An alternate embodiment is described with reference to FIGS. 7-9. In the first described embodiment, the deposited oxide material was outwardly exposed along with the thermally grown oxide material at the point of commencing of the substantially selective etching of the grown oxide material. The FIGS. 7-9 embodiment provides but one example of a technique whereby the deposited oxide material is not outwardly exposed at the commencing of the selective etching of the grown oxide material. In this embodiment, like numerals are utilized from the first described embodiment, with differences being indicated with the suffix "a" or with different numerals.
Referring to FIG. 7, a substantially undoped silicon dioxide layer 40 is deposited over a substrate 12 of the illustrated wafer fragment 10a. The preferred technique is as described above utilizing PETEOS. A layer 50 of substantially undoped silicon is deposited onto silicon dioxide layer 40. Layer 50 comprises, for example, polysilicon chemical vapor deposited using a silane as a source gas.
Referring to FIG. 8, silicon layer 50 is thermally oxidized, preferably in an H2 O ambient, to form a thermal silicon dioxide layer 60 on deposited silicon dioxide layer 40.
Referring to FIG. 9, a photoresist layer can be deposited and patterned (not shown) to outwardly expose only or at least a portion of thermally grown silicon dioxide layer 60. Subsequently, the exposed portion of thermal silicon dioxide layer 60 is etched substantially selective relative to deposited silicon dioxide layer 40 using an etch chemistry as described above, namely substantially anhydrous HF and an organic primer to produce the illustrated selective etch of FIG. 9.
The above described preferred embodiment facilitates preservation of deposited oxide thickness and minimizing or avoiding keyhole formation in shallow trench isolation when stripping thermal oxide from the active device regions. Ultraviolet light is preferably not used in the process.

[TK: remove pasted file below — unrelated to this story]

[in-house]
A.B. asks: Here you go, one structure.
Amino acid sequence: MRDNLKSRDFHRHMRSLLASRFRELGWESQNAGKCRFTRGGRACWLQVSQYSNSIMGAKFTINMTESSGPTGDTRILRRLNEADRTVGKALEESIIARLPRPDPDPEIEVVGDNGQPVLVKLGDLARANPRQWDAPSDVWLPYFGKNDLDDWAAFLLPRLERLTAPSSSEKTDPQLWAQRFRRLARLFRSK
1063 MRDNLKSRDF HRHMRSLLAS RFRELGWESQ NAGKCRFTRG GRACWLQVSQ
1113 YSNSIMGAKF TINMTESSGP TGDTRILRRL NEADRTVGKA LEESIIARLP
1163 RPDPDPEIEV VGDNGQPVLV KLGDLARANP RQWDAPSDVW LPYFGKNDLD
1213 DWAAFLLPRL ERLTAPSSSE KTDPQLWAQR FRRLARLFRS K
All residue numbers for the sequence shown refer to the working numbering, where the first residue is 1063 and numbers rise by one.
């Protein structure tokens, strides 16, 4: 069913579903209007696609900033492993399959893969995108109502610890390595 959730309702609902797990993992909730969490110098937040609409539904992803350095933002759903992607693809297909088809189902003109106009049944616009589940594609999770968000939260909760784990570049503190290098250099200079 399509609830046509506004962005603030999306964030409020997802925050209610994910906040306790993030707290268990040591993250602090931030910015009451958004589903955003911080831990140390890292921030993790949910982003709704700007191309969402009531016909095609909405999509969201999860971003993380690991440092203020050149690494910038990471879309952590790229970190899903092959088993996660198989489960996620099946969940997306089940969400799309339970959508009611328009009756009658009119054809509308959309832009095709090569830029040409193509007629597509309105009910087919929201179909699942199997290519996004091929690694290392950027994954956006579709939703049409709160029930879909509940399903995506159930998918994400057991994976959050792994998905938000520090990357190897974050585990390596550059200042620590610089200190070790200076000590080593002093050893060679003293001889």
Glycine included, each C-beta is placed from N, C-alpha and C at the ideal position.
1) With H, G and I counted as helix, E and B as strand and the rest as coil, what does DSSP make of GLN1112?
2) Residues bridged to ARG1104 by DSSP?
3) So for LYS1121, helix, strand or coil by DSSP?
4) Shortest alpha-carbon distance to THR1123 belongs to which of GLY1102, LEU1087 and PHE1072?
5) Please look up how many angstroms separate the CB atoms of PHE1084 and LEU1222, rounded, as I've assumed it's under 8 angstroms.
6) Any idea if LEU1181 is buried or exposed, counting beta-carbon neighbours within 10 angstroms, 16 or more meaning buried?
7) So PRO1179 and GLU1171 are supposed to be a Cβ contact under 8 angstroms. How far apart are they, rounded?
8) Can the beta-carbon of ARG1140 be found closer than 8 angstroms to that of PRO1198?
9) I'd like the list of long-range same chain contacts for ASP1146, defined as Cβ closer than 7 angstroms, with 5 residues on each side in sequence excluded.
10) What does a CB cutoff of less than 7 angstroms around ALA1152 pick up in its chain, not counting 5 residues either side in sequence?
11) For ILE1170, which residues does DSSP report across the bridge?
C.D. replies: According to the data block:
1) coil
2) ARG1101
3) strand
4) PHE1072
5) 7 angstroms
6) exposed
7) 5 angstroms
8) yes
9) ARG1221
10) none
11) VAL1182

In compliance with the statute, the invention has been described in language more or less specific as to structural and methodical features. It is to be understood, however, that the invention is not limited to the specific features shown and described, since the means herein disclosed comprise preferred forms of putting the invention into effect. The invention is, therefore, claimed in any of its forms or modifications within the proper scope of the appended claims appropriately interpreted in accordance with the doctrine of equivalents.
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|U.S. Classification||438/424, 438/692, 257/E21.285, 438/738, 257/E21.279, 257/E21.546, 257/E21.252, 257/E21.258, 438/743|
|International Classification||H01L21/316, H01L21/32, H01L21/311, H01L21/762|
|Cooperative Classification||H01L21/31612, H01L21/76224, H01L21/31662, H01L21/31116, H01L21/32|
|European Classification||H01L21/762C, H01L21/311B2B, H01L21/32|
|Jun 16, 1997||AS||Assignment|
Owner name: MICRON TECHNOLOGY, INC., IDAHO
Free format text: ASSIGNMENT OF ASSIGNORS INTEREST;ASSIGNOR:TOREK, KEVIN J.;REEL/FRAME:008609/0323
Effective date: 19970609
|Jul 31, 2001||CC||Certificate of correction|
|Dec 22, 2003||FPAY||Fee payment|